Five Ways AI Can Transform Project Management—And Four Roadblocks

Five Ways AI Can Transform Project Management—And Four Roadblocks

Yaniv Shor is the founder and CEO of Proggio and the author of the book Time to Deliver, a must-read for project managers.

With all the buzz around ChatGPT, artificial intelligence (AI) is a hot topic across nearly every business sector and application.

Project portfolio management (PPM) is no different. Even Gartner has predicted that by 2030, AI will take over and “eliminate” as much as 80% of project management tasks, including data collection, tracking and reporting.

While the promise of generative AI (the likes of ChatGPT) may be a bit further off in this field, there are many possibilities for AI within PPM, but it’s also not without some significant challenges that must be overcome.

Five AI Use Cases For Project Management

Let’s talk about what it can do before discussing some pitfalls and concerns you need to be aware of:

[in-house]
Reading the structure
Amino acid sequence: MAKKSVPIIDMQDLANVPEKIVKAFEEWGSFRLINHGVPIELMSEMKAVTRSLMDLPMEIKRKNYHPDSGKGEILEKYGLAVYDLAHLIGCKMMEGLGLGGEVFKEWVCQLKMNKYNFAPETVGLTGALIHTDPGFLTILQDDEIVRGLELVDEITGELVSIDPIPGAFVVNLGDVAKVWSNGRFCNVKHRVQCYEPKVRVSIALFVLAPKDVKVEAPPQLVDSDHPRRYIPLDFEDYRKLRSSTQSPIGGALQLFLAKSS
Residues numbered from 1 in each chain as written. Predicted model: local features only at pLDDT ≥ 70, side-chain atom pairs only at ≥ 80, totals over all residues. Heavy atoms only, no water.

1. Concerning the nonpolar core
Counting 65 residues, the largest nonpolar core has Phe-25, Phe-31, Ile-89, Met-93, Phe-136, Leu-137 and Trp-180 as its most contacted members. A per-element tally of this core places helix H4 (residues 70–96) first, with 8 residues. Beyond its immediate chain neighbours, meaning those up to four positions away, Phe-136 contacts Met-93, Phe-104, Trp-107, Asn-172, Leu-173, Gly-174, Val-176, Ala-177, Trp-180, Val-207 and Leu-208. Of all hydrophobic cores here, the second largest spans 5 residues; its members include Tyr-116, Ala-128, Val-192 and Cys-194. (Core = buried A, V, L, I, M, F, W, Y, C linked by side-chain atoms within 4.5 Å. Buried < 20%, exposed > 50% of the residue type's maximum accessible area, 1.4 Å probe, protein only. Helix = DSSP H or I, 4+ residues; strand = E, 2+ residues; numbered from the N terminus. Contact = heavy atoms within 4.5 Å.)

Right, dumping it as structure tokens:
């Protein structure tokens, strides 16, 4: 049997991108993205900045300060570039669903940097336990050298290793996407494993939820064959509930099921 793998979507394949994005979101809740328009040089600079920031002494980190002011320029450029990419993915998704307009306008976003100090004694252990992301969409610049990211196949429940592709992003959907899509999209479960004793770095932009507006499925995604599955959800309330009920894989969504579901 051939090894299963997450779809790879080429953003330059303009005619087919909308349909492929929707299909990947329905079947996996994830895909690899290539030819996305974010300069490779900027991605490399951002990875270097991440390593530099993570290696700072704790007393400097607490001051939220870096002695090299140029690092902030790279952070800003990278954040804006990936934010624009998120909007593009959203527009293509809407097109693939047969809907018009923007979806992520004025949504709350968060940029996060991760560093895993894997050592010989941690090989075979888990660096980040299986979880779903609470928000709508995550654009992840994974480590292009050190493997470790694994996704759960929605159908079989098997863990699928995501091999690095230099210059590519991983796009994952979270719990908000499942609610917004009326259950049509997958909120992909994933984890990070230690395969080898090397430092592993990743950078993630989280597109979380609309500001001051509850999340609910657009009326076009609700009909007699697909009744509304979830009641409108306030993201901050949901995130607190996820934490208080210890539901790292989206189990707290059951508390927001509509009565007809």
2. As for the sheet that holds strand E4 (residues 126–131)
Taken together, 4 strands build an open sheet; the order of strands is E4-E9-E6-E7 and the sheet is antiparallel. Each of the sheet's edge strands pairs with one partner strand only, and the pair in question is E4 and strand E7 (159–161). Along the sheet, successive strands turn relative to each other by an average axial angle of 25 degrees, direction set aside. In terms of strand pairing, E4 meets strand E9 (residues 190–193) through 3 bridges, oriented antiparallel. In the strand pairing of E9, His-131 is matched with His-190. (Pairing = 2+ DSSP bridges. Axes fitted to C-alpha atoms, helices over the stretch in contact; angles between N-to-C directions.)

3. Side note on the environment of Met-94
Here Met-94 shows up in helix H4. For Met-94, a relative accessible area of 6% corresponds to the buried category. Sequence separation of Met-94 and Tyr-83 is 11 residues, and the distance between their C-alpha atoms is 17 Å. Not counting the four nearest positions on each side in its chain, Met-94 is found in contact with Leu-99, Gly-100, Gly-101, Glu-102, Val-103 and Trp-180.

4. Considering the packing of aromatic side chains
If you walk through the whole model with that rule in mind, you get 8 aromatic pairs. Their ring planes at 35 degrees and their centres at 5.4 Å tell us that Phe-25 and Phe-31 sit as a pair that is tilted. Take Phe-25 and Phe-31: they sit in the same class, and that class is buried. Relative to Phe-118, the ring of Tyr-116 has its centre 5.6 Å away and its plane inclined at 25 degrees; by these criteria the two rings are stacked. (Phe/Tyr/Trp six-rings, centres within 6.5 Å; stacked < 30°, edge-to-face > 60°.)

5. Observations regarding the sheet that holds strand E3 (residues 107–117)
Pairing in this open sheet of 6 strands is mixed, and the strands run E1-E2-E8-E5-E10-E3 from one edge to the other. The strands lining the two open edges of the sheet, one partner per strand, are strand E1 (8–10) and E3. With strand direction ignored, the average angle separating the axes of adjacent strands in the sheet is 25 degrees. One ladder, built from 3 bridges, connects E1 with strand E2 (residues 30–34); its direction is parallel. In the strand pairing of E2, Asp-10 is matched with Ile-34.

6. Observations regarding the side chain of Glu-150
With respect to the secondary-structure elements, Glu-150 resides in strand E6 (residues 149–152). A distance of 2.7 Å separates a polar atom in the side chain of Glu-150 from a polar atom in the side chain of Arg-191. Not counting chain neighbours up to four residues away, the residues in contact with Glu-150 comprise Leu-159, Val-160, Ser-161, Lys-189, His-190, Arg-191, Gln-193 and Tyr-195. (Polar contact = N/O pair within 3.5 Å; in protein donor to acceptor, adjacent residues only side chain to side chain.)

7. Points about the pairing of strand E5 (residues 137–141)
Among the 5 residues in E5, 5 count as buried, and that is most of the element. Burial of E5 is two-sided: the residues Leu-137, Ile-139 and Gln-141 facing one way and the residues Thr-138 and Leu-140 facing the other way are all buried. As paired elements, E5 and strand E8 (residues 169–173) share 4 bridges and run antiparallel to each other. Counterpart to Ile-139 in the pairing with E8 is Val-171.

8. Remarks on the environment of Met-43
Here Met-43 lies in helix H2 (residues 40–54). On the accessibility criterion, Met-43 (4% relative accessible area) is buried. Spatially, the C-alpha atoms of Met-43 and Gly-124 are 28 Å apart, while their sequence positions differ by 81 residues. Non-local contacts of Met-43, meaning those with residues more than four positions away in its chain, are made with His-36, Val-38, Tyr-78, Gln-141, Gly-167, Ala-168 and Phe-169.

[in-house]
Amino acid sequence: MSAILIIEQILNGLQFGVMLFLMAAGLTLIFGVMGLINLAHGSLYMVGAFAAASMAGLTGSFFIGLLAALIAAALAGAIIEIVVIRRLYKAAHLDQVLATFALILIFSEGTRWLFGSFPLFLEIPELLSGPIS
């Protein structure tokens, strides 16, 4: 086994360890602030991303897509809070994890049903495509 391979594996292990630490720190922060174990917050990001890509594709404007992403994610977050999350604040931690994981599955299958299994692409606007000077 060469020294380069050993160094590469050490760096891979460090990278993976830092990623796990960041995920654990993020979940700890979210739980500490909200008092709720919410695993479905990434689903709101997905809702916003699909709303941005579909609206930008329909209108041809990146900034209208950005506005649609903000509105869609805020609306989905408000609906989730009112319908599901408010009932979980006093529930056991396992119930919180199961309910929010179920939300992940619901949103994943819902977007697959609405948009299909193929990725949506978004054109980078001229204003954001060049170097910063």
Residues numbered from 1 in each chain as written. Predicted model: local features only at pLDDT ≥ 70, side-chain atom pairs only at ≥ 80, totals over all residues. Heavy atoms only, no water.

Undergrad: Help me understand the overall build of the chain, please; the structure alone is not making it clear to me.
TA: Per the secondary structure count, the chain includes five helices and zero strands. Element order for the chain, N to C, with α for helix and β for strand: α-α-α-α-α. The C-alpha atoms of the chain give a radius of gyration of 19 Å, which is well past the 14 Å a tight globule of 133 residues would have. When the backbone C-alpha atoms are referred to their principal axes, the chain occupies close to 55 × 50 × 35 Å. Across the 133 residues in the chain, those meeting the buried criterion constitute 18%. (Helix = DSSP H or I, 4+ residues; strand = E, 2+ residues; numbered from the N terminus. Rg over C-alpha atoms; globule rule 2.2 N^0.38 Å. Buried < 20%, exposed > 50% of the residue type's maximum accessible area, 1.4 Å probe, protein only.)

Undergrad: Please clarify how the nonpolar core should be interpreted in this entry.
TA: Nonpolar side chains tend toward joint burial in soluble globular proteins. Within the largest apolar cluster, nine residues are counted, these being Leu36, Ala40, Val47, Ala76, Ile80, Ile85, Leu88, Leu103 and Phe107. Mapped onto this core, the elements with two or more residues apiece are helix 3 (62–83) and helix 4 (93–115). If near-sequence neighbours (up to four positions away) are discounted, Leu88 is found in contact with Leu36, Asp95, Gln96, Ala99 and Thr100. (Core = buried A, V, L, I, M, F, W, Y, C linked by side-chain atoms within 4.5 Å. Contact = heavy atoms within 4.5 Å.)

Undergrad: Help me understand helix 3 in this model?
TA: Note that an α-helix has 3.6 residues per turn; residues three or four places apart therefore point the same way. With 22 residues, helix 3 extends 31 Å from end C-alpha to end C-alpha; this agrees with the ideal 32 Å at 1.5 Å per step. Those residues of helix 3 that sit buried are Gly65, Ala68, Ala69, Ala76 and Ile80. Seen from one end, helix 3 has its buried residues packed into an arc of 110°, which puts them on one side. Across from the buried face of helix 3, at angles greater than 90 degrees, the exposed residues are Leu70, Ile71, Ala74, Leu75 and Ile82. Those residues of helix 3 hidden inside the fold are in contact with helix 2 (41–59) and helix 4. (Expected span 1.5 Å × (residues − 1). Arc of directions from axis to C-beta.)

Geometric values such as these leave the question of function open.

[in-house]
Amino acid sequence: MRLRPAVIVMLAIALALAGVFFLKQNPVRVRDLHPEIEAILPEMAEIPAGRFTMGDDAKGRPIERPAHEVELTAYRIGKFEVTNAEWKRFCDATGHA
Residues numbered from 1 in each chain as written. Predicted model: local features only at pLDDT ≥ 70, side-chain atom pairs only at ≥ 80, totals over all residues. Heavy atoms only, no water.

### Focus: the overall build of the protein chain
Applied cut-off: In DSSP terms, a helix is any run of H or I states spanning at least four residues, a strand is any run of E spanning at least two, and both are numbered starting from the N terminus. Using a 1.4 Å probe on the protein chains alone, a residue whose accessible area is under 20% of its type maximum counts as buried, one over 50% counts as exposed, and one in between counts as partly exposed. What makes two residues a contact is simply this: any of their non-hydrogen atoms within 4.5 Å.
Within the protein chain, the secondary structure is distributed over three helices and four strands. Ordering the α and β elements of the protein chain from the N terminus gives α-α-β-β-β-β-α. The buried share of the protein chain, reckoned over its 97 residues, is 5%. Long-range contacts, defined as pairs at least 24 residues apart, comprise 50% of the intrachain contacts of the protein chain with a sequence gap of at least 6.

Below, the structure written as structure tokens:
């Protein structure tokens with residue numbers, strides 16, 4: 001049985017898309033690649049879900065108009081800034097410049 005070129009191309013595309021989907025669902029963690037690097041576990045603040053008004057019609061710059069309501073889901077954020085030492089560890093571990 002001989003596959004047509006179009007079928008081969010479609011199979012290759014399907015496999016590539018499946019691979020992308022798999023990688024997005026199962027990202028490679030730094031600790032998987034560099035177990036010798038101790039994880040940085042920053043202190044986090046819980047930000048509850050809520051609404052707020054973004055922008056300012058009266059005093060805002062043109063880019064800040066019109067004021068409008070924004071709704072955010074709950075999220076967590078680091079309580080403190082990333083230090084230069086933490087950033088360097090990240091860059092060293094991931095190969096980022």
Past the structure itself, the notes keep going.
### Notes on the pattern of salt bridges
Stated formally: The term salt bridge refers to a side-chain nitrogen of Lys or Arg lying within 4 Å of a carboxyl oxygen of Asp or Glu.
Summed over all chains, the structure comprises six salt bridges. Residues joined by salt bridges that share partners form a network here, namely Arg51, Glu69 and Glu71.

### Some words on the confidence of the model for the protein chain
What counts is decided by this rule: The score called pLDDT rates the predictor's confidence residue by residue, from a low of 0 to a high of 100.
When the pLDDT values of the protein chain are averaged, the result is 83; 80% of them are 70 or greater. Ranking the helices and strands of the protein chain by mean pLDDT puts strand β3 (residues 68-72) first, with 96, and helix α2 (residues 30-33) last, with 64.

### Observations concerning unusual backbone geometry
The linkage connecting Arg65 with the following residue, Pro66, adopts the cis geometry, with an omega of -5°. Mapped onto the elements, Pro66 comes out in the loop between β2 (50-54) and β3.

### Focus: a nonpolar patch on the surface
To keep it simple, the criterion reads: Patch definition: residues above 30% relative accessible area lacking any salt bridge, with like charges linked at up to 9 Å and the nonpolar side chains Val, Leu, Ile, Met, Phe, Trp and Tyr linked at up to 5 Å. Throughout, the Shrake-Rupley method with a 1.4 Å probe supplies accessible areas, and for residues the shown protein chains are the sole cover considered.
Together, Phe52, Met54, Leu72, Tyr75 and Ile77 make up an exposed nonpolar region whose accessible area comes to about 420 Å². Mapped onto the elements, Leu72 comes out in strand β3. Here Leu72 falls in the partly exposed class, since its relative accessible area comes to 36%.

1. Natural Language Processing (NLP)

If you’ve ever asked Alexa anything or said, “Hey Siri…” you’ve used NLP, a form of AI that can recognize and respond appropriately to natural spoken language.

In the context of PPM, being able to query your system of record about specific needs can drastically improve data insights and save time. For example, instead of poring over Gantt charts and spreadsheets and comparing those to manpower management, you can simply ask the platform, “Do I have resources for [insert specific task or project] next week?” Or, “Who can fill in for James when he’s on holiday next week?”

With NLP, the system can help you find resources with similar skills and availability to plan appropriately.

2. Data Collection And Analysis

Gartner is right: The potential here is huge. After all, chasing down data to report to management is a large part of the PPM function. AI will give us the ability to do that much quicker and arrive at performance insights and risk assessments much faster.

Not only will this help guide decision-making, but it will enable project managers to do what they should be doing: coaching and supporting teams.